While responding that you work too hard might seem like a reliable method of moving the conversation along, there’s a better way. And it involves being sincere.

"The fact is, it's not easy to identify one's own weaknesses," Bariso writes. "Doing so takes intense self-reflection, critical thinking, and the ability to accept negative feedback—qualities that have gone severely missing in a world that promotes instant gratification and demands quick (often thoughtless) replies to serious issues."

Bariso believes the question is an effective way to reveal an applicant’s self-awareness, which is why companies often use it in their vetting process. By being self-aware, people (and employees) can correct behavior that might be affecting job performance. So the key is to give this question some actual thought before it’s ever posed to you.

What is your actual greatest weakness? It could be that, in a desire to please everyone, you wind up making decisions based on the urge to avoid disappointing others. That’s a weakness that sounds authentic.

Pondering the question also has another benefit: It prompts you to think of areas in your life that could use some course-correcting. Even if you don’t land that job—or even if the question is never posed to you—you’ve still made time for self-reflection. The result could mean a more confident and capable presence for that next interview.

[h/t Inc.]

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Words
This Is the Most Commonly Misspelled Word on Job Resumes
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by Reader's Digest Editors

Your resume is your first chance to make a good impression with hiring managers. One misspelled word might not seem like a huge deal, but it can mean the difference between looking competent and appearing lazy. A 2014 Accountemps survey of 300 senior managers found that 63 percent of employers would reject a job candidate who had just one or two typos on their resume.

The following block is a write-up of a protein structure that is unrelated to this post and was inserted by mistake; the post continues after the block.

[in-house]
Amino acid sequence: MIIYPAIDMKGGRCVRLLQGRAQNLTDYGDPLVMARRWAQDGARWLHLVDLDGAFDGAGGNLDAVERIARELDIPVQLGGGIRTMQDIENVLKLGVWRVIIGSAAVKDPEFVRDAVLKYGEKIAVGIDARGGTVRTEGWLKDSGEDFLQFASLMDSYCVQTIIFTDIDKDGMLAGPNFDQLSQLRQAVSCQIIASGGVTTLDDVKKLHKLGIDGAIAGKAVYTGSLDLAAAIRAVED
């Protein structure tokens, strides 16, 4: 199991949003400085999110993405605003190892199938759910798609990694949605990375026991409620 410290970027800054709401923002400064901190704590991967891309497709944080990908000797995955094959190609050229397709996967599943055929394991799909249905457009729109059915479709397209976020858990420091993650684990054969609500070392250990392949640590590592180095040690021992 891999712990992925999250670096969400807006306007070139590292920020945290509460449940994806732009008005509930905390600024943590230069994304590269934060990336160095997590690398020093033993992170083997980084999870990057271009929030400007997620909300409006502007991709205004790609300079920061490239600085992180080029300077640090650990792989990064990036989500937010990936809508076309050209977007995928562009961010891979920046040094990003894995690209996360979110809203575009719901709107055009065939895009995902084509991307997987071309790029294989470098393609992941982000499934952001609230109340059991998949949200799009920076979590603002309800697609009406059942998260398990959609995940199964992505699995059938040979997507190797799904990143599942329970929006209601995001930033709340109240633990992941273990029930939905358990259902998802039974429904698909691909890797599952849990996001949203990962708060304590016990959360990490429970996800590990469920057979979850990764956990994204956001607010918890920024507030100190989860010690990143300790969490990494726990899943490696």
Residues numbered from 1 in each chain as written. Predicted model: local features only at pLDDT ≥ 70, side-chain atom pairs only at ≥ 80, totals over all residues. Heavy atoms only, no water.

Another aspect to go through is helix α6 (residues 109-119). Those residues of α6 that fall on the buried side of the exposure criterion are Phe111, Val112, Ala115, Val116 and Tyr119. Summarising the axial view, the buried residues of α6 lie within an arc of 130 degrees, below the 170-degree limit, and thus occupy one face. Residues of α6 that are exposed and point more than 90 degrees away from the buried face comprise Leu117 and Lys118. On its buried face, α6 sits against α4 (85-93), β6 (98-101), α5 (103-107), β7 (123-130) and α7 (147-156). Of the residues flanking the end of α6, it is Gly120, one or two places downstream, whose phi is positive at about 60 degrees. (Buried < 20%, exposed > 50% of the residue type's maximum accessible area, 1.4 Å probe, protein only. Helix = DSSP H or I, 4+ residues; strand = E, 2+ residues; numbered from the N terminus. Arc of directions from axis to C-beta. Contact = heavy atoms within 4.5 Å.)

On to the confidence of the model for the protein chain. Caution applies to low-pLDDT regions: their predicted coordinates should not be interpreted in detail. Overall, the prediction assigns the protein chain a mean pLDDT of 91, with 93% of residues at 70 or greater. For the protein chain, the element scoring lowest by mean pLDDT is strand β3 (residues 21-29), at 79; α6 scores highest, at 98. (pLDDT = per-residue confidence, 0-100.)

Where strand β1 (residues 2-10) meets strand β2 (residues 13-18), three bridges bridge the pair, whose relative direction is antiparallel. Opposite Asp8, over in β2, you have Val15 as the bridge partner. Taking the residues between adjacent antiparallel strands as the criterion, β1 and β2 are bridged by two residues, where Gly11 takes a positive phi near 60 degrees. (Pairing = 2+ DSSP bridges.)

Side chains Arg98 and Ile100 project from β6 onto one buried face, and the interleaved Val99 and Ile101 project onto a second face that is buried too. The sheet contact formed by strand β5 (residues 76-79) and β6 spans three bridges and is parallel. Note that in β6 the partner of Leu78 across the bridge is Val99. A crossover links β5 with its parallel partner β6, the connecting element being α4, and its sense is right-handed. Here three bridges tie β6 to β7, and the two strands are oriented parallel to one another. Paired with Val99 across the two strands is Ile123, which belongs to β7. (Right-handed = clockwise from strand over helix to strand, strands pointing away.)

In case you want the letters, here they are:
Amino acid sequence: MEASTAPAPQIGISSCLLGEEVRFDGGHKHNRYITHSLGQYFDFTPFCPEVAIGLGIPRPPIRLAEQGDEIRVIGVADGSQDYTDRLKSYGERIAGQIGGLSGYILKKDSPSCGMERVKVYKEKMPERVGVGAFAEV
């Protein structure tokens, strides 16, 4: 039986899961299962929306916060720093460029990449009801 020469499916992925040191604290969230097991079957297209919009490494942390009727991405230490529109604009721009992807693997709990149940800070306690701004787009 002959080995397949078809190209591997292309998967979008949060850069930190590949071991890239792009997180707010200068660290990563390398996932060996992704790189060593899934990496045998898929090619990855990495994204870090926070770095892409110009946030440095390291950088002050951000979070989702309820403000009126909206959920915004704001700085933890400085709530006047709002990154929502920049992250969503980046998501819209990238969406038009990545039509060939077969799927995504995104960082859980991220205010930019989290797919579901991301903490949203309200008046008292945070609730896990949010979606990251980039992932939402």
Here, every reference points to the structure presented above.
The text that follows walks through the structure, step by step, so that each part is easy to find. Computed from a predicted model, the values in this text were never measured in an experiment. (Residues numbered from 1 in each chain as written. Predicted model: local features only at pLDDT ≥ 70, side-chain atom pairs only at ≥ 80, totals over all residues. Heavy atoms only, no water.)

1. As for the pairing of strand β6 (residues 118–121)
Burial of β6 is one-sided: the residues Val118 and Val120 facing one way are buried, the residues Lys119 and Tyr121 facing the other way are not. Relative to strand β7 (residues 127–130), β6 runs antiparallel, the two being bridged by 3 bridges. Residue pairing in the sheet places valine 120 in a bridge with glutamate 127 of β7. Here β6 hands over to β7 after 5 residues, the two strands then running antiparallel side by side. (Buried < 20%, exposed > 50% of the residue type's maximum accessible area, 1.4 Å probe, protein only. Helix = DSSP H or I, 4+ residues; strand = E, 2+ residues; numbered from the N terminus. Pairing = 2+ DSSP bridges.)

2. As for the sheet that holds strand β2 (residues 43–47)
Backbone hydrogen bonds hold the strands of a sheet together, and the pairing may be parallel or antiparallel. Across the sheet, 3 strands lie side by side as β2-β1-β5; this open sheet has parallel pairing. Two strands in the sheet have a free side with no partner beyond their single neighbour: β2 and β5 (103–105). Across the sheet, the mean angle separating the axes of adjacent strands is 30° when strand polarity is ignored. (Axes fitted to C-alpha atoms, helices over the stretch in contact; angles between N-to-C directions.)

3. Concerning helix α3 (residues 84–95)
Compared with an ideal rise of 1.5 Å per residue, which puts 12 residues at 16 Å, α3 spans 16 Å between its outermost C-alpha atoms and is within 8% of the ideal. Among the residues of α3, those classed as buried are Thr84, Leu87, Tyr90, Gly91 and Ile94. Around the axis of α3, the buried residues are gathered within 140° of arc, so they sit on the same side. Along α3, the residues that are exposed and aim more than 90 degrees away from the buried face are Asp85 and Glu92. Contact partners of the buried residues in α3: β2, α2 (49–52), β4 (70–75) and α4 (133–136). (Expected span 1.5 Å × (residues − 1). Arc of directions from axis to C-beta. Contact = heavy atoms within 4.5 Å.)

Most misspellings on resumes slip through the cracks because spellcheck doesn’t catch them. The most common misspelling on resumes is a shockingly simple word—or so you’d think.

Career coach and resume writer Jared Redick of Resume Studio in San Francisco tells Business Insider that the most common misspelling he sees by far is confusing “lead” with “led.” If you’re talking about how you run meetings at your current job, the correct spelling is “lead,” which is in the present tense. If the bullet point is from a former position, use lead’s past tense: led. Yes, “lead” as in the metal can also be pronounced “led,” but most people have no need to discuss chemical elements on their job resumes.

 
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Other spelling mistakes Redick has seen pop up over and over again on resumes is spelling “definitely” as “definately” (which spellcheck thankfully should catch) and adding an e in “judgment” (“judgement” is the British spelling, but “judgment” is preferred in American English).

To avoid the cringe factor of noticing little typos after sending out your application—especially if your misspelling actually is a real word that spellcheck recognizes—always proofread your resume before submitting. Slowly reading it out loud will take just a few minutes, but it could mean the difference between an interview and a rejection.